Chris Hughes studied at the University of Birmingham where he was driven by an interest in renewable energy. Seeking a wider, holistic perspective of engineering, he joined the university Chapter of Engineers Without Borders UK where he was Social Secretary and then President. Since graduating, he has worked directly with the Heritage sector in the UK to tackle the challenges of energy efficiency in National Trust properties.

What inspired you to get involved with Engineers Without Borders UK?

I went to university with a desire to pursue renewable energy and so had chosen a Civil Engineering course with plenty of renewable energy modules. But I felt that I was missing out on a wider social perspective of engineering. The Birmingham University Chapter of Engineers Without Borders UK had an amazing President at that time and I was attracted to the fact they were a society that was really doing things rather than just going to pubs! Suddenly, I was able to get a whole new view of engineering and how it can be applied with context to communities around the world. It massively opened my eyes. When I was President, I helped run a project called Rural Energy in the Global South which was a real culmination of this learning experience and definitely set me on my current career path.

What have you worked on in the Heritage sector?

The National Trust had the ambition to cut emissions in their properties by 50% by 2021 and approached the consultancy I worked for to source solutions. Heritage sites are often significant polluters due to the age of the buildings, dated heating systems and significant restraints on structural changes due to the historical importance of the sites. I worked on four properties – Nymans, Nuffield Place, Osterley Park, and The Vyne – looking at feasible alternatives to fossil fuels including water source and ground source heat pumps, biomass boilers, and solar power.

What are the main challenges to implementing green energy in the Heritage Sector?

With these kinds of properties, there are so many stakeholders to consider for each separate location – from the finance team to the property managers and the volunteers. We had to find ways to reduce emissions without compromising the historical integrity of the structure and setting – which often meant hidden solutions like heat pumps. It’s also important to recognise the long timelines that the sector works to. They are thinking about 10, 20 years down the line – not next month or even next year. This means the most important consideration, funding, can be a challenge. In this way, the sector isn’t too different from renewable energy as a whole – we need guaranteed long-term investments if the public and private sector are to act now. The technology is there, but there needs to be a shift from ‘what’s the minimum we can get away with to meet quotas’ to ‘what’s the most effective option’?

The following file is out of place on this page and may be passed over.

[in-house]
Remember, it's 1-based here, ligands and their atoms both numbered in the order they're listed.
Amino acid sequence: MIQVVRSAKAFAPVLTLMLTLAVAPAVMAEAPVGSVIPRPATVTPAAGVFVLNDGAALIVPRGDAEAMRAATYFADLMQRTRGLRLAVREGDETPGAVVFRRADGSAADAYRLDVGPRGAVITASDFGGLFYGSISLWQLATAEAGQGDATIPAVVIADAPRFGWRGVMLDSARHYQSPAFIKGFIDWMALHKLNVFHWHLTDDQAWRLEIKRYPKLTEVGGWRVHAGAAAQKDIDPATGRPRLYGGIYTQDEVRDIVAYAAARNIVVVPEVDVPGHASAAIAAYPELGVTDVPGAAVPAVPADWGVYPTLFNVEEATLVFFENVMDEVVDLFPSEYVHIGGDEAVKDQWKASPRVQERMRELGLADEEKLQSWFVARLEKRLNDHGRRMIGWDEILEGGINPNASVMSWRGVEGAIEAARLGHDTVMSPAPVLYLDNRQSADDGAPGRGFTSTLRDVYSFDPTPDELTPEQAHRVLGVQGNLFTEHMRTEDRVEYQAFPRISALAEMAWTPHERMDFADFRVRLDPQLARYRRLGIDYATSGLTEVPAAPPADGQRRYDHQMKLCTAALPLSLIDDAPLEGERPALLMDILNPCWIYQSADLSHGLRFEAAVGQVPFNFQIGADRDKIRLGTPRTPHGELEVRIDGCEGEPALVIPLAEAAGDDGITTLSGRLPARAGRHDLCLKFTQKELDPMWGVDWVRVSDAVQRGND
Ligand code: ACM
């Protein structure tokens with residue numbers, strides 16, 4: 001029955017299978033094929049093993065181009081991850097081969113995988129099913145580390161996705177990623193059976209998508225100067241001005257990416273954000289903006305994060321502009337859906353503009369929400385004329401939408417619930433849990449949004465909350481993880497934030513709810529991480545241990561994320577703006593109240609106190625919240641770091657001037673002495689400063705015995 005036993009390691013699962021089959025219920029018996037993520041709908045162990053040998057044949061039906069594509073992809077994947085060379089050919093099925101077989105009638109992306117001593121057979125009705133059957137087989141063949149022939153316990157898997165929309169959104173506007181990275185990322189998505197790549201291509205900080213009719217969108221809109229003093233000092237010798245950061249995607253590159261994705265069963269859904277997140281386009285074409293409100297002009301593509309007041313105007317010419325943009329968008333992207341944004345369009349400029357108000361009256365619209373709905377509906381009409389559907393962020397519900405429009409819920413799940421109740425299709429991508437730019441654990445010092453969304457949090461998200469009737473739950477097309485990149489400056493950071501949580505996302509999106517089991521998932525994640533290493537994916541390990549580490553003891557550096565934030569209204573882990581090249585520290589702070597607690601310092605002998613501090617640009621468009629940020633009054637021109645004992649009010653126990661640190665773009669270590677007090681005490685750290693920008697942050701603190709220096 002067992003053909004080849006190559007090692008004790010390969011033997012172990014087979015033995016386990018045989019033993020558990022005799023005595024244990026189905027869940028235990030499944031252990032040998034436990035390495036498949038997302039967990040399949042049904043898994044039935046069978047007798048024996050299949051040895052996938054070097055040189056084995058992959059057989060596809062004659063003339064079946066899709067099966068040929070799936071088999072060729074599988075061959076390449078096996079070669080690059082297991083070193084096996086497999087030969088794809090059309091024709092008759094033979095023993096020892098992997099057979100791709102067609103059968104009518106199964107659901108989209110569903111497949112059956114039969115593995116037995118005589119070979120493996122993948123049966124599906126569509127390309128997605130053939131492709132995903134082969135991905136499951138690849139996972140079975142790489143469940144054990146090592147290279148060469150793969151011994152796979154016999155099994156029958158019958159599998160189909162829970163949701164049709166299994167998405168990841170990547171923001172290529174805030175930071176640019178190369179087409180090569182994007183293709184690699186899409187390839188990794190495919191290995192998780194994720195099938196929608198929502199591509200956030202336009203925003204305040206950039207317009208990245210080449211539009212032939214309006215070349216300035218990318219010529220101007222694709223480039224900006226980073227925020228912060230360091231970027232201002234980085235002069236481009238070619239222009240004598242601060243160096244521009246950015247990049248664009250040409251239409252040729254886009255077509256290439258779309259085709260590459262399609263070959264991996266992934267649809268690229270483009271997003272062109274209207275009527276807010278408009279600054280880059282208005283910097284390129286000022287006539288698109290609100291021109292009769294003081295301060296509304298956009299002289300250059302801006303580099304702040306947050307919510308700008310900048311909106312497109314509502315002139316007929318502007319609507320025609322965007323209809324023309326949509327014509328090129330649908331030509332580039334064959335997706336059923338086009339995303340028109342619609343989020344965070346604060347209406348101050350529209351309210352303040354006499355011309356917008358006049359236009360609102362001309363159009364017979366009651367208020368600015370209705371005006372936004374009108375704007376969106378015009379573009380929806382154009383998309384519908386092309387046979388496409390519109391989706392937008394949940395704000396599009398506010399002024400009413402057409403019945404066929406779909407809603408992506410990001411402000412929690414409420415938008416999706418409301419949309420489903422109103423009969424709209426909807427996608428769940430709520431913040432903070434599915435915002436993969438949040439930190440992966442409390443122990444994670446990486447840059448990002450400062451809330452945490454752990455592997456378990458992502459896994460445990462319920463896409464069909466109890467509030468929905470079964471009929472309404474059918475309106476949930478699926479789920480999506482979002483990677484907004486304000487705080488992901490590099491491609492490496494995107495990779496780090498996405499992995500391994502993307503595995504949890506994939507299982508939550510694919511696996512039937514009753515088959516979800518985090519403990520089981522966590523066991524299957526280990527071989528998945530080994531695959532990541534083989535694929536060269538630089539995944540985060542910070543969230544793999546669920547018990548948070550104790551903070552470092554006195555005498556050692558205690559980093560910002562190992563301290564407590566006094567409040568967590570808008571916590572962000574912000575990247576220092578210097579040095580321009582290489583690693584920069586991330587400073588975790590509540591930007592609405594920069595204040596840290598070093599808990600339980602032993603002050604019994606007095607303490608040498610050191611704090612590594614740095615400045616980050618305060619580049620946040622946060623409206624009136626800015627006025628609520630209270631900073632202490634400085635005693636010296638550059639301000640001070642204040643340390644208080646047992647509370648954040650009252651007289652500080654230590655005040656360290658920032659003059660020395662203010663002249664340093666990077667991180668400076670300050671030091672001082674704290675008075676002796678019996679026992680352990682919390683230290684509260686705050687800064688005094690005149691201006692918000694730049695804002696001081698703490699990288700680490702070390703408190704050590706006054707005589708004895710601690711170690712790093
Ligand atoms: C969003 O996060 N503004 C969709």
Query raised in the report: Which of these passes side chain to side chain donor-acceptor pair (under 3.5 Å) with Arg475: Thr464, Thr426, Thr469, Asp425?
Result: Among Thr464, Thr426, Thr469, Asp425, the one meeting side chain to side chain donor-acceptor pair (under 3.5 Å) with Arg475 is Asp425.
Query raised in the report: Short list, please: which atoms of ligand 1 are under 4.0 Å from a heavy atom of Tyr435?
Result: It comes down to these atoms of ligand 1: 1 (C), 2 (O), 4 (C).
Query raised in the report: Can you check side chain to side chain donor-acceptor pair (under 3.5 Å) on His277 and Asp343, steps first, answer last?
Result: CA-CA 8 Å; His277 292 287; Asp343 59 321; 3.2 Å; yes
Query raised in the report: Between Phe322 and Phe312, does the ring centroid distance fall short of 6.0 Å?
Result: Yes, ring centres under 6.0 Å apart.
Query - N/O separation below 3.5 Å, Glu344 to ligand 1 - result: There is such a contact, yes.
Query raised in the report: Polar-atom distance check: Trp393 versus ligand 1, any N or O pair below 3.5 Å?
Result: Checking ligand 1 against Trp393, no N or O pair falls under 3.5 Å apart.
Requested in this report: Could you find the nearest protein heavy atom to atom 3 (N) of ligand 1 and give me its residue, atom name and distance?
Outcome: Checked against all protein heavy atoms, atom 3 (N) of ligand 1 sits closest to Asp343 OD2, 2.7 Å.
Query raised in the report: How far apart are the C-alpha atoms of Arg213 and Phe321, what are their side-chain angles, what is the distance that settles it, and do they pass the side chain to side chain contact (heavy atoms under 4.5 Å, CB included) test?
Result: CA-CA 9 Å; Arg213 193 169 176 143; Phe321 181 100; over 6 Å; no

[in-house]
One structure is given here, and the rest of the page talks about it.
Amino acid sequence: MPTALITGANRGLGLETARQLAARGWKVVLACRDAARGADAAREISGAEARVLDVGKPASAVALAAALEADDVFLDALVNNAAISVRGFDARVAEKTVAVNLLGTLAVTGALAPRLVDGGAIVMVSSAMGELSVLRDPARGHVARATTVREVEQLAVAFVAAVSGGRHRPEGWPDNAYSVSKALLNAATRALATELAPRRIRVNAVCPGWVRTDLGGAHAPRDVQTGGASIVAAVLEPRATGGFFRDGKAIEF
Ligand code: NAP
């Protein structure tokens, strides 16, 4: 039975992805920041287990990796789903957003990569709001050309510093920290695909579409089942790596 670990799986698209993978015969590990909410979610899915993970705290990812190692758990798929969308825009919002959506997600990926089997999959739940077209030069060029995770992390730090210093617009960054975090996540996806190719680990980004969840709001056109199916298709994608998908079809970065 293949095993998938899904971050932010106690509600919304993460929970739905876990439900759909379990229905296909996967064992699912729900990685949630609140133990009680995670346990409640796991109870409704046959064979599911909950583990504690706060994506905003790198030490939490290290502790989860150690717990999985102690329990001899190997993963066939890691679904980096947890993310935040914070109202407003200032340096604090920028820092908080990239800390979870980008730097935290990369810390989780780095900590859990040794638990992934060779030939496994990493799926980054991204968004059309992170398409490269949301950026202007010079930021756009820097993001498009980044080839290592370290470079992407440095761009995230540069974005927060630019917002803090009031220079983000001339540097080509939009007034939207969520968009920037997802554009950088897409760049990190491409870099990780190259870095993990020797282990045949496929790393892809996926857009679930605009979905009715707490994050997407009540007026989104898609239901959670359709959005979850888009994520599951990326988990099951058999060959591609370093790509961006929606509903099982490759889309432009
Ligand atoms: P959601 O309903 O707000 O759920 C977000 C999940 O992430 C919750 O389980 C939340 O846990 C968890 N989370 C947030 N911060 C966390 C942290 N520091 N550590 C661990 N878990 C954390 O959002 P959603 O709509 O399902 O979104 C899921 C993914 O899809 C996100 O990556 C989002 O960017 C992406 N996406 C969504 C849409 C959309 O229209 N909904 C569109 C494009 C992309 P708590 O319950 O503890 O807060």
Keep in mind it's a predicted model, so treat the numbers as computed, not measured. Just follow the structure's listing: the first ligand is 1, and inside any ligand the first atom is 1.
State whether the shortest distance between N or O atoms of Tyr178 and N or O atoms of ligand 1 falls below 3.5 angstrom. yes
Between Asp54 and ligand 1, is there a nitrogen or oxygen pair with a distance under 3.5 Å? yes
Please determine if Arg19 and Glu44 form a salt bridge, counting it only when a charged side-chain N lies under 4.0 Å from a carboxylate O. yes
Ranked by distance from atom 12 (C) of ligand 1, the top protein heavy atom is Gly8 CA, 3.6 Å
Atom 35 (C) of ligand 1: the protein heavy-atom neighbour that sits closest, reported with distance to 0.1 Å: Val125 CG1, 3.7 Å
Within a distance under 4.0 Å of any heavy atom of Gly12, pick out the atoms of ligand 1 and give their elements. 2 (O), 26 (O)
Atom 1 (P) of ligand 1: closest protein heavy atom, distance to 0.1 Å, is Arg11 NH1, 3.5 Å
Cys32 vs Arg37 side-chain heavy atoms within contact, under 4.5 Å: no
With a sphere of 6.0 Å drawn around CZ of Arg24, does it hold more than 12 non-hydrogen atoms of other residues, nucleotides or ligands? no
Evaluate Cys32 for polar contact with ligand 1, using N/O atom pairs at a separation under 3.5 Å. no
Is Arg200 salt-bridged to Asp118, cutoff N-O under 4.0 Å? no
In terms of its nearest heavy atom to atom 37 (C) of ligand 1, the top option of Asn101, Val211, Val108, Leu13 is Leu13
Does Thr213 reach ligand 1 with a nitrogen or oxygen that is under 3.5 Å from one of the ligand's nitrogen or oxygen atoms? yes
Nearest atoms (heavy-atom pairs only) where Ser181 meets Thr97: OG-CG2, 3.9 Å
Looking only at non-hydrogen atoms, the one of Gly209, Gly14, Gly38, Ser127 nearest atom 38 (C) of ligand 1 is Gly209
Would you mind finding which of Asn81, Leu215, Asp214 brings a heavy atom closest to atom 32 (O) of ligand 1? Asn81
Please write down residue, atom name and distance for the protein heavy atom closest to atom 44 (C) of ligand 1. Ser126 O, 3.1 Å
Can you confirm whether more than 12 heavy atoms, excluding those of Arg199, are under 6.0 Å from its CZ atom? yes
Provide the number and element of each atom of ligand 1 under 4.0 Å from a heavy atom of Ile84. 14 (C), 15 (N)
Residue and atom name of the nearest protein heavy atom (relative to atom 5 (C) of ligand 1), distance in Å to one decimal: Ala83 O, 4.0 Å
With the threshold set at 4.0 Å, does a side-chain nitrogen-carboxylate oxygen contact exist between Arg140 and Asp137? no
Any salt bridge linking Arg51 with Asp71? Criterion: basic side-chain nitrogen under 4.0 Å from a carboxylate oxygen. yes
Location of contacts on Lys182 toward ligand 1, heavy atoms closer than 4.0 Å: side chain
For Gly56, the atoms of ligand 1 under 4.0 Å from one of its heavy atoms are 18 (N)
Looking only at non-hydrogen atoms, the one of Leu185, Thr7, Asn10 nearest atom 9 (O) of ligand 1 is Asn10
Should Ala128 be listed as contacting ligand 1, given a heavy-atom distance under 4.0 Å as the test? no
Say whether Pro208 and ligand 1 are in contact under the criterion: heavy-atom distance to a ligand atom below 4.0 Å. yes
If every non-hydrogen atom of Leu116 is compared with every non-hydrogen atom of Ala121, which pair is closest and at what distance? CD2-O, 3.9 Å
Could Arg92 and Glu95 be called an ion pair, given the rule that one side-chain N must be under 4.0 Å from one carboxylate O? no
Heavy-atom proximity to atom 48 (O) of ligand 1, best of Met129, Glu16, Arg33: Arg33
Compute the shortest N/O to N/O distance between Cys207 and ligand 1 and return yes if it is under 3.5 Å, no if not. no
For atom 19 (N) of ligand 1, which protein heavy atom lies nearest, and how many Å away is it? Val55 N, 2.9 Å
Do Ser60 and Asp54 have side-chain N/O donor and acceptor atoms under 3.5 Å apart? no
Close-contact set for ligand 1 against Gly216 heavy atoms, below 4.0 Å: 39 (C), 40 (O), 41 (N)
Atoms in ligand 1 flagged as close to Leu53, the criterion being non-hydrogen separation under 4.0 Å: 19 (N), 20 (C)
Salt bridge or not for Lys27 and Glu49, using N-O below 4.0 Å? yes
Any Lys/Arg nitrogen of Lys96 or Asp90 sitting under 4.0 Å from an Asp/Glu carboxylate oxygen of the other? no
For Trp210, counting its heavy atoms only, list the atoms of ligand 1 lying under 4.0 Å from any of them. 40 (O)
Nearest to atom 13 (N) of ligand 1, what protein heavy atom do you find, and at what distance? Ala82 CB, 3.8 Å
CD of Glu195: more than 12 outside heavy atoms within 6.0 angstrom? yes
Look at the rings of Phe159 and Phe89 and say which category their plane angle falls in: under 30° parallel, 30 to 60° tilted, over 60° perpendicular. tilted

Why is globally responsible engineering so important?

Perspective – it allows you to see the whole picture and the impact your work can have. It provides a more holistic approach which results in more socially aware solutions. Something that is easy to forget as an engineer is that you are not simply creating a building or service. What you are engineering is an environment that needs to function for the people who will use it. For example, when I was providing report feedback (for the Efficiency For Access Design Challenge) on a stove design to be used in areas without access to mains gas or electricity, I noted that the engineer needed to consider what was going to be cooked on it and for how long? What would the conditions be? Would the intended user have access to the required fuel? Before I got involved in Engineers Without Borders UK, I’m not sure I would have considered all of those surrounding factors.

What advice would you give to student engineers to ensure they are serving people and the planet? 

Get involved in placements and societies, and seek out companies that align with your values. Above all, get as much experience as you can to broaden your perspective and ensure that you never see your engineering in isolation.

Chris Hughes: Senior Building Services Engineer in the heritage sector

Katie Cresswell-Maynard

Hear how Katie realised she could use her creativity and STEM skills to pursue a career in engineering. 

Read more

Jo Ashbridge

Listen as Jo explains how she became inspired by Engineers Without Borders UK and is now the founder of architecture charity AzuKo.

Read more

Stephen Turner

After wanting more from his engineering degree Stephen found inspiration in the work of Engineers Without Borders UK.

Read more